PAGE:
Memory leak occurs when programmers create a memory in heap and forget to delete it.
Memory leaks are particularly serious issues for programs which by definition never terminate.
Usually developers talk about memory leaks but when you ask them what that means many have no idea. To prevent these situations, Lets discuss about memory lean in detail.
Memory that is not deallocated when it is no longer needed, and is no longer “reachable”. For instance, if I use “new” to instantiate an object, but I don’t use “delete” when I’m done with it (and my pointer has gone out of scope or something).
If data is not freed when there are no longer has any references to it, that data is unreachable. Basically, if you don’t free/delete data allocated on the heap, it becomes unusable and simply wastes memory.
There may be cases where a pointer is lost but the data is still accessible. For example, if you store the pointer in an int, or store an offset to the pointer (using pointer arithmetic), you can still get the original pointer back.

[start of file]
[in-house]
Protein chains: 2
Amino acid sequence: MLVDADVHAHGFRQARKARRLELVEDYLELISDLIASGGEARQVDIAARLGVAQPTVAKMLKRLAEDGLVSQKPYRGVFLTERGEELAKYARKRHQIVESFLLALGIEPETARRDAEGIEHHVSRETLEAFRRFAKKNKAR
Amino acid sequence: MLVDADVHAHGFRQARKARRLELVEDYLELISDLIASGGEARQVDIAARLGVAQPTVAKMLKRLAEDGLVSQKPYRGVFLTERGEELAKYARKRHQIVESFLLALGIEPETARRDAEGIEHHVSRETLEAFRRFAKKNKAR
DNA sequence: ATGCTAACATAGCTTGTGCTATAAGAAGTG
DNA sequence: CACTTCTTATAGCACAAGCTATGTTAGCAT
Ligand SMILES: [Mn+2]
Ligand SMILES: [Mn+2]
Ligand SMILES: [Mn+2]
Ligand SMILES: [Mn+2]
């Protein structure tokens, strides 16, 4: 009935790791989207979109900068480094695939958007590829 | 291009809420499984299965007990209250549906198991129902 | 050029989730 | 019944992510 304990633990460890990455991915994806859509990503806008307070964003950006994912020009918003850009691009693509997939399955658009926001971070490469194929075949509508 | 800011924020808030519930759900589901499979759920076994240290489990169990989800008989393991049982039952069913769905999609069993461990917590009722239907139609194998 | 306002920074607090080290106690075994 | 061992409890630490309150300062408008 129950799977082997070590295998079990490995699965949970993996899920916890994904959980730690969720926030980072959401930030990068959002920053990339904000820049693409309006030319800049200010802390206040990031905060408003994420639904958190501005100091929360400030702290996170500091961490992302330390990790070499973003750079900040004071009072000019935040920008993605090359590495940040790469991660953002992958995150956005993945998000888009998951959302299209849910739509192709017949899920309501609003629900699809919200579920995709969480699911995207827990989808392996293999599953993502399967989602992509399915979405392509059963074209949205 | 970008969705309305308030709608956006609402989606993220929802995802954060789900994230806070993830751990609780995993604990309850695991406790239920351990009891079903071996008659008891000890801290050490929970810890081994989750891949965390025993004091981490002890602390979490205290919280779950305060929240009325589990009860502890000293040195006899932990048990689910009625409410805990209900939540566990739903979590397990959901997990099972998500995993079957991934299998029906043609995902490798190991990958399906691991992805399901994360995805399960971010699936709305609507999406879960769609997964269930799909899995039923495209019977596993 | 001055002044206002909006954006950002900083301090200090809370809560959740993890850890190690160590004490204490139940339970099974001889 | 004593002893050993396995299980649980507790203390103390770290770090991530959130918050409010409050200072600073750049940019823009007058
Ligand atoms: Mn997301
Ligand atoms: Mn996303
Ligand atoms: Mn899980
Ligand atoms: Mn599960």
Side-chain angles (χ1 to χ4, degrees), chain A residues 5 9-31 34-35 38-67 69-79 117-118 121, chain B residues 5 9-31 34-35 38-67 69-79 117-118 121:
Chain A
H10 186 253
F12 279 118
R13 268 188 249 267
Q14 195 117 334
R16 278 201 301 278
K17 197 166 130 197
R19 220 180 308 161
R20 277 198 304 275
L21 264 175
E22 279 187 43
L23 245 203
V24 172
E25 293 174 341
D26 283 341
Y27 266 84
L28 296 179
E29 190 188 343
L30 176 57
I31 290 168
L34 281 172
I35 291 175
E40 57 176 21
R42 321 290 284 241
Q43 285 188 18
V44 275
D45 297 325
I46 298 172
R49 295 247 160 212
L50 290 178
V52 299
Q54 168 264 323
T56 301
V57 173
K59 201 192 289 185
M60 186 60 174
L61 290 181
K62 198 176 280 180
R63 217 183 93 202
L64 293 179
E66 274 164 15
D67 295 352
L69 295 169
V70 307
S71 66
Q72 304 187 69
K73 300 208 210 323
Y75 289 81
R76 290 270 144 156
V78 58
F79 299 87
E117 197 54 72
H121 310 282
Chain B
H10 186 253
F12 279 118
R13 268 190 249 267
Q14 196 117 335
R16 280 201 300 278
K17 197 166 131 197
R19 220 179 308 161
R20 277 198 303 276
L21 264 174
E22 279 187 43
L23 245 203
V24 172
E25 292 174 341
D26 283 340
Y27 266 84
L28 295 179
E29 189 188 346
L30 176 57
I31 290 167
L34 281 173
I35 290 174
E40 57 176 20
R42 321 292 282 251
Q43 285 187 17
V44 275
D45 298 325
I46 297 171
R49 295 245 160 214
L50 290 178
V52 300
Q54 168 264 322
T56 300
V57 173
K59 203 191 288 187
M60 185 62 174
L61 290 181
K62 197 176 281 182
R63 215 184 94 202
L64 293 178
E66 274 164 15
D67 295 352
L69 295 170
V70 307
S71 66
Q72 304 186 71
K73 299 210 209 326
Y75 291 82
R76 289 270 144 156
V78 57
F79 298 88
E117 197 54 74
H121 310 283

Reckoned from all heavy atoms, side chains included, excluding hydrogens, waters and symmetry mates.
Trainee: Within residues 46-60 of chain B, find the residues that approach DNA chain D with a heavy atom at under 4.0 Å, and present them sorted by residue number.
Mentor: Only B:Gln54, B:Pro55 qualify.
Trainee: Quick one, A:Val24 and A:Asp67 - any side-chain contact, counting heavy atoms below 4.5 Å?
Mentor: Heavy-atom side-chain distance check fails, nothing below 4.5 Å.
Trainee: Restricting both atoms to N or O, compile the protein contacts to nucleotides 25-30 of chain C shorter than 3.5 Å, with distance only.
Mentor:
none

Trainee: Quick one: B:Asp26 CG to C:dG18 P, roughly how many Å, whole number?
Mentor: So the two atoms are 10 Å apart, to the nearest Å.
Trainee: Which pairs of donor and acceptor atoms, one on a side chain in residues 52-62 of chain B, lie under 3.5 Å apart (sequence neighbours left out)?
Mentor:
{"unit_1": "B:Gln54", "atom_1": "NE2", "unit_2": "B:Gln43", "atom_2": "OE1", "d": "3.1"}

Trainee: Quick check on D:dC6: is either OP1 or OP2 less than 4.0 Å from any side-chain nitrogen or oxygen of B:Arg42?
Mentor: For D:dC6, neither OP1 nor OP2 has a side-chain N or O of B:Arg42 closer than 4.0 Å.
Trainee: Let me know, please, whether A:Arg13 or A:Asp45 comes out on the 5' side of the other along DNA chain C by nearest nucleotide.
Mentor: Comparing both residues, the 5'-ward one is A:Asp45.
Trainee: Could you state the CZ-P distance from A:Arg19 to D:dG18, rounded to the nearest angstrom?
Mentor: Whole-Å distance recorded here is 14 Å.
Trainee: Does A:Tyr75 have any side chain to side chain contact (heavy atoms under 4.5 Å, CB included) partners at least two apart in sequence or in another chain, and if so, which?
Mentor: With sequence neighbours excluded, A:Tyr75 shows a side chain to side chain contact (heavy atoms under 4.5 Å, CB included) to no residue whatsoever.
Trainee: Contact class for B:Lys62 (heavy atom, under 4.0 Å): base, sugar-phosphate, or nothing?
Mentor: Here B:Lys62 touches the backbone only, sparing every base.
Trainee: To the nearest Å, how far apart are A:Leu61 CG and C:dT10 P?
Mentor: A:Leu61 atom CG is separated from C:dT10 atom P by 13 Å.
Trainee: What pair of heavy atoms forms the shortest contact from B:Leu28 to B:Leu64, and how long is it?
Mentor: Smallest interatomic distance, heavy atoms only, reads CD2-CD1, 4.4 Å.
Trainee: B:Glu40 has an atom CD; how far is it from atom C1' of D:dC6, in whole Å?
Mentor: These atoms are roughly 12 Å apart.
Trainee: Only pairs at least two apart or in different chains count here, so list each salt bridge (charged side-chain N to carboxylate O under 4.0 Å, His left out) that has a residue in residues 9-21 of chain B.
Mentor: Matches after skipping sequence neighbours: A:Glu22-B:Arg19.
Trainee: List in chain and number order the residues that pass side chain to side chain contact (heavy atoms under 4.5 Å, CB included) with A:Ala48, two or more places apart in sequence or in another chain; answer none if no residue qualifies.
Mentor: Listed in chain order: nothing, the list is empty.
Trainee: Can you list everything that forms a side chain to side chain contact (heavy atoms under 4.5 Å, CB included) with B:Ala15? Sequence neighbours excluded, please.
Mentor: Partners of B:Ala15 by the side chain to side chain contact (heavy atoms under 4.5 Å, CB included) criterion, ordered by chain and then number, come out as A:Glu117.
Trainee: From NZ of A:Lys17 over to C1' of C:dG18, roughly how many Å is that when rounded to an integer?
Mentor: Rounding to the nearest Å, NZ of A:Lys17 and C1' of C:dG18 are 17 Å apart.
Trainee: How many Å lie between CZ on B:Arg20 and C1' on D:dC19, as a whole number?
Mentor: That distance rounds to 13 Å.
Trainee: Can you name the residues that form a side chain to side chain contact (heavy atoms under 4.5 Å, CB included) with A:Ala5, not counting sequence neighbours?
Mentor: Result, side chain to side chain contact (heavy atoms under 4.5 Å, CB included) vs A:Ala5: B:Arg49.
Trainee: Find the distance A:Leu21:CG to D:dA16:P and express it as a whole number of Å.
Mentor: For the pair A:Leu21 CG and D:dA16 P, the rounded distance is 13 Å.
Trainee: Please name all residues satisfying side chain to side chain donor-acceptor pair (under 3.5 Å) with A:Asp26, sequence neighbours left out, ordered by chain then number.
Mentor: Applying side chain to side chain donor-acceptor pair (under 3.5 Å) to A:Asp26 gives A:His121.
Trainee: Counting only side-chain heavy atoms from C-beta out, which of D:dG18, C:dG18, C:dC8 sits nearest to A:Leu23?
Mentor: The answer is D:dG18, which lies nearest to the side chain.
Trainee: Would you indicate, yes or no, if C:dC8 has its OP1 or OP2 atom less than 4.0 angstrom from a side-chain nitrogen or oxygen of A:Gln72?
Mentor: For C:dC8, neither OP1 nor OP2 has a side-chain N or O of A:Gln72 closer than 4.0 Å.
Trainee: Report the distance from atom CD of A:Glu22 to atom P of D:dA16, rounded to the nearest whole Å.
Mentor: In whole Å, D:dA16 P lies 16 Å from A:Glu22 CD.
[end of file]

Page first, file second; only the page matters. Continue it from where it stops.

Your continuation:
In this above definition, data is handled by garbage collectors, which keep track of the number of references to the data.
It can also be referred as, memory is essentially leaked if it is not freed/deleted when last used. It may be referenced, and immediately free-able, but the mistake has been made not to do so. There may be a valid reason (e.g. in the case where a destructor has some weird side effect), but that indicates bad program design.
This second type of memory leaking often happens when writing small programs which use file IO. You open the file, write your data, but don’t close it once you’re done. The FILE* may still be within scope, and easily closeable.
In this second definition, data is not handled by garbage collectors, unless the compiler/interpreter is smart (or dumb) enough to know it won’t be used any longer, and this freeing the data won’t cause any side effects.
The best way to prevent them probably depends on who you ask and what language you are using. Garbage collection is a good solution for it, of course, but there may be some overhead associated with this, which isn’t a big deal unless you performance is your primary concern. Garbage collection may not always be available, again, depending on the language you are using.
Alternatively, you can make sure you have the appropriate deletes and/or destructors in place.
Techniques for preventing / detecting memory leaks:
- Consider your algorithm in terms of memory consumption.
- Profile your application. You can use memory debugger tools find leaks.
- Black-box testing. Watch what happens to your compiled code after you feed it large data sets, or allow it to run for long periods of time. See if its memory footprint has a tendency to grow without limit.